Are you perplexed about tipping in Italy? You’re not alone! Tipping in Italy can be quite confusing and controversial, so we consulted with Vicki Sneed of Vicki’s Travel Designs to help you sort it out. Here’s what she has to say:
“In Italy, tipping is not as common or expected as it is in some other countries,” Sneed says. “However, it is still appreciated when a customer receives good service.”
“I’m in the minority here,” she adds. “Most people do not tip for these services. But I tip for exceptional service, especially if I will be returning.”
You may hear the argument, “Italian waiters don’t need to be tipped—they make a great living wage.” Sneed says that while a small group of Italian waiters are professionally trained and able to make a career out of being a waiter (you’ll usually find them at high-end restaurants), most are not well paid. “True, they don’t make $2/hour like some American waiters, but the wages are not high,” she adds. “And, the cost of living in Italy isn’t low! So, don’t believe the internet chatter that all waiters in Italy are paid well. A tip for great service will be appreciated and well-received.”
Excellent restaurant service in Italy doesn’t include hovering over your table and asking if you need anything every five minutes. Sneed advises that the polite way to leave a tip for your waiter is to leave it on your table when you get up to leave. “You do not need to hand it to the waiter, which most will find rather awkward. If you pay your bill at the register, you can leave your tip with the cashier,” she says.
So, how do Italians tip at restaurants? “If the service is excellent, an Italian will usually leave a few euros. Otherwise, they won’t leave a tip,” Sneed says. “I always try to have some €1 and €2 coins with me to use for tips. It’s a pain to have to get change in order to make a tip, and sometimes they won’t have the right change.”
Remember, you should never feel obligated to leave a tip—out of habit or guilt, she adds.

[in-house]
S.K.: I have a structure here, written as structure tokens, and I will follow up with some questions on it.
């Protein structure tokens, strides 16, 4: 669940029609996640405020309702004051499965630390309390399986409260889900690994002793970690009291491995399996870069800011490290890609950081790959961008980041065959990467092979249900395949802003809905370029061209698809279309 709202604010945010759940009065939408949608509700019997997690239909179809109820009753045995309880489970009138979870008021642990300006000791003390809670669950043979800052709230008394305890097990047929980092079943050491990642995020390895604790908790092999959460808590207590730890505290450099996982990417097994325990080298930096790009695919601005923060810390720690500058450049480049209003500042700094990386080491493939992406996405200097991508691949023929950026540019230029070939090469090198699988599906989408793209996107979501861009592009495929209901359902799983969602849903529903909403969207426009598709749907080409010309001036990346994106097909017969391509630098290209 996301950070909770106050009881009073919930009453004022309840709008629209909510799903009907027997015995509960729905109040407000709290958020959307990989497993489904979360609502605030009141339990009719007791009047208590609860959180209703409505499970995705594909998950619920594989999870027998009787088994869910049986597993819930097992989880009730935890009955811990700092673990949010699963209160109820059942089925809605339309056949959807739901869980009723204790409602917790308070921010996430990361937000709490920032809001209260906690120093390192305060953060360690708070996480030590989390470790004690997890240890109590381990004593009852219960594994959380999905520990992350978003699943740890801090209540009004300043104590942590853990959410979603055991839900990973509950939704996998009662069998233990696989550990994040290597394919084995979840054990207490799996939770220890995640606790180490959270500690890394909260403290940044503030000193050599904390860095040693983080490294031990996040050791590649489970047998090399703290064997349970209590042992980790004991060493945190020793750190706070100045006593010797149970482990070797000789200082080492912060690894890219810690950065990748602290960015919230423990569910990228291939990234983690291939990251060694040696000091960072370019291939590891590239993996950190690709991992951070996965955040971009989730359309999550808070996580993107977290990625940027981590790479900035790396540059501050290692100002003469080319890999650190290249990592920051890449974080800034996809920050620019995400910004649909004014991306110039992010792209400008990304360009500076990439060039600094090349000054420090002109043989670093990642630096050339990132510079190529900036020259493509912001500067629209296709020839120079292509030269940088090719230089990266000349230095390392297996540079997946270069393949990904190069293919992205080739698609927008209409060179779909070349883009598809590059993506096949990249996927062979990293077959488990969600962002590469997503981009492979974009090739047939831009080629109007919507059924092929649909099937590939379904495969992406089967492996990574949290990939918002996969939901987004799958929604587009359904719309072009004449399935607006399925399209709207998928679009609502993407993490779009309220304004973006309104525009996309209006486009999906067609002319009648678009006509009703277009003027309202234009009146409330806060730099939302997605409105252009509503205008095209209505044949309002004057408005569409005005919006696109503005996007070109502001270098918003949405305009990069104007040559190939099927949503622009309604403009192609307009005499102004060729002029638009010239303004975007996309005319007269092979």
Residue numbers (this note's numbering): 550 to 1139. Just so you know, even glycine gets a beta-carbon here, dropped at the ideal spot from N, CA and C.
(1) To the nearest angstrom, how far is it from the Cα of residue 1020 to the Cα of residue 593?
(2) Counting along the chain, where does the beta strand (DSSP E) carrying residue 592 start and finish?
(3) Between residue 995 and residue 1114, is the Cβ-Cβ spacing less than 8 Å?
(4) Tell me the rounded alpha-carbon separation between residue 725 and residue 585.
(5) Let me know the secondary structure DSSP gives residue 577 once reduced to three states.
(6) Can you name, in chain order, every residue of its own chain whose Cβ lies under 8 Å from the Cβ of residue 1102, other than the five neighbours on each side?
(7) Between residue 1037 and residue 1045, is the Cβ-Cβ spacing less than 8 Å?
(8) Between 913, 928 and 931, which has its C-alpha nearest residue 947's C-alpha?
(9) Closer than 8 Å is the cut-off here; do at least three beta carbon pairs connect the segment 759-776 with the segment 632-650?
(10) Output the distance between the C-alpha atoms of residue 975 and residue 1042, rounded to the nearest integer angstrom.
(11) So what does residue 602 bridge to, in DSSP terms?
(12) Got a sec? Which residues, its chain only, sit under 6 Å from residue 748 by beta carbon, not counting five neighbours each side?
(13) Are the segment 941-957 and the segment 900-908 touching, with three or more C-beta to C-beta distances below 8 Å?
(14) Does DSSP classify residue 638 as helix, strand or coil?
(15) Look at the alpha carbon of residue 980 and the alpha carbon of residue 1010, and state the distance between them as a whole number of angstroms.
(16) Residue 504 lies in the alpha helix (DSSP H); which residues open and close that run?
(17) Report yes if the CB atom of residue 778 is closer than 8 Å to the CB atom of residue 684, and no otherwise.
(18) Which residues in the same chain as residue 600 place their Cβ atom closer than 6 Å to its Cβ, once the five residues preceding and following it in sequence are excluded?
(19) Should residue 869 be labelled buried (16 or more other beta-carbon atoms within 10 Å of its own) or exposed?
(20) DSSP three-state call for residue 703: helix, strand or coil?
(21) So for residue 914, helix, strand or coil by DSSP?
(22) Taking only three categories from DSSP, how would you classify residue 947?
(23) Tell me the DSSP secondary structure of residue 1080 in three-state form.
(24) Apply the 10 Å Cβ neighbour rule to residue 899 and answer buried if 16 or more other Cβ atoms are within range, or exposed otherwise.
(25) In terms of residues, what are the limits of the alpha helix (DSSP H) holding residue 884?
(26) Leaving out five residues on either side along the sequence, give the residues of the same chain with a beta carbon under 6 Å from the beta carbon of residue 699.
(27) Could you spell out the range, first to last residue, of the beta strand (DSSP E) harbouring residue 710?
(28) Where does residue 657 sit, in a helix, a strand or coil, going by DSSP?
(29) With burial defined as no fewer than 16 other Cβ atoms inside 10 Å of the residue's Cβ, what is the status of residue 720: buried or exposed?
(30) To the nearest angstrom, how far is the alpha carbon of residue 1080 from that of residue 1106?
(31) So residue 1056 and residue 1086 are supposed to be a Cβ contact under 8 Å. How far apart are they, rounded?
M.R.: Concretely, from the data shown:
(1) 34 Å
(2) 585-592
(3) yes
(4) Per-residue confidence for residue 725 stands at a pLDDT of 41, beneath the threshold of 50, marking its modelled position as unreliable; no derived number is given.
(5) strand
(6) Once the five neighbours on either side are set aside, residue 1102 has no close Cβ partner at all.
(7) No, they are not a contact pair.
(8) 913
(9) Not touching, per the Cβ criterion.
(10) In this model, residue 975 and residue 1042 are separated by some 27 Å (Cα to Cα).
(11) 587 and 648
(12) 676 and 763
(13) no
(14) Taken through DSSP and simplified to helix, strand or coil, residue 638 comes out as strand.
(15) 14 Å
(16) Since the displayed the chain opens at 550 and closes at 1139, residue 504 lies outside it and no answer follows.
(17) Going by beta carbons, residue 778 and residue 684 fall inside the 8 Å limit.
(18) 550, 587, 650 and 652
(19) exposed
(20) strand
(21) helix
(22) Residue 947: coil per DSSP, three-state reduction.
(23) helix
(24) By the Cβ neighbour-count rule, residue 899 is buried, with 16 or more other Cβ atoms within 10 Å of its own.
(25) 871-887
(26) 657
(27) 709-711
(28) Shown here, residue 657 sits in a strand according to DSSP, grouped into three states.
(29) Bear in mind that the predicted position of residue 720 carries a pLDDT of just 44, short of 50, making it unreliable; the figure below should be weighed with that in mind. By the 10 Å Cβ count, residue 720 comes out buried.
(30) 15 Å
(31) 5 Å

It is not necessary to tip taxi drivers, although rounding up the fare is appreciated.
Similarly, in hotels, it is not expected to tip housekeeping staff, but leaving a small amount of change or a few euros is a nice gesture, Sneed says.
You will probably see the coperto and servizio charges on the menu and bill during your time in Italy:
The coperto or pane e coperto is a charge to sit at a table (and sometimes for bread), usually in the range of €1-4. You will find it at many restaurants in Italy, especially those that see tourists. This is a charge for the use of the table, linens and silverware, and it often includes bread. It must be listed on the menu (required by law).
The coperto (which means ‘cover’) actually originated in Medieval times, when weary travelers would enter a locale to take ‘cover’ from the cold or rain. They would often eat their own food, so innkeepers would charge for bread and use of the table, tablecloth, napkins and utensils.
Servizio is a service charge (an included tip) that is on the bill for large tables or in areas with many tourists. It’s often 15% to 20% of the bill. If there is a servizio charge on your bill, you do not need to leave an additional tip.
Each restaurant decides if it wants to include the coperto and servizio on its bill.
Waiter in restaurant: A few euros in high-end restaurants. Leave the euro on the table or with the cashier.
Barista (making you a coffee at the counter): Round up to nearest euro. Leave the coin on the counter.
Café waiter (serving you at a table): Round up to nearest euro. Leave the coin on the table.
Taxi driver: Round up 1-2 euros. Tell driver to keep the change.
Private driver: 5 euros pick up/drop off or 10% for the full day. Give at end of service.
Tour guide: 5-10 euros per person. Give at end of tour.
Porter: 1 euro per bag or 5 euros flat tip. Give after delivery.
Concierge: 5-10 euros. Hand to concierge on departure.
Housekeeper: 1 euro per day. Leave euro on nightstand daily or total at end of stay.
Bartender (apertiivo): Round up to nearest euro.
Massage therapist: 10%. Leave with cashier.
Hairdresser: 10%. Leave with cashier.
Parking-lot attendant: 1 euro. Hand to attendant.
Private chef: 10%. Hand money at the end of the evening/trip in an envelope.
Food-delivery person: 3-5 euros, more for large orders. Hand money to driver when food is received.
Gas-station attendant: No tip.
Owner: No tip. Owners are not tipped in Italy
Banaconote: Bank notes aka paper money
Tenga il resto: Keep the change
Mi puo cambiare i venti euro per cortesia?: Can you please change this 20 euro banknote?
Vicki Sneed owns Vicki’s Travel Designs, a full-service travel agency in New Jersey with supplier relationships and experience all over the world. She offers personalized, detailed service from the moment she begins assisting with the planning and designing of your vacation until your travel has ended. She operates as your vacation concierge and will handle any problem or mishap that may occur.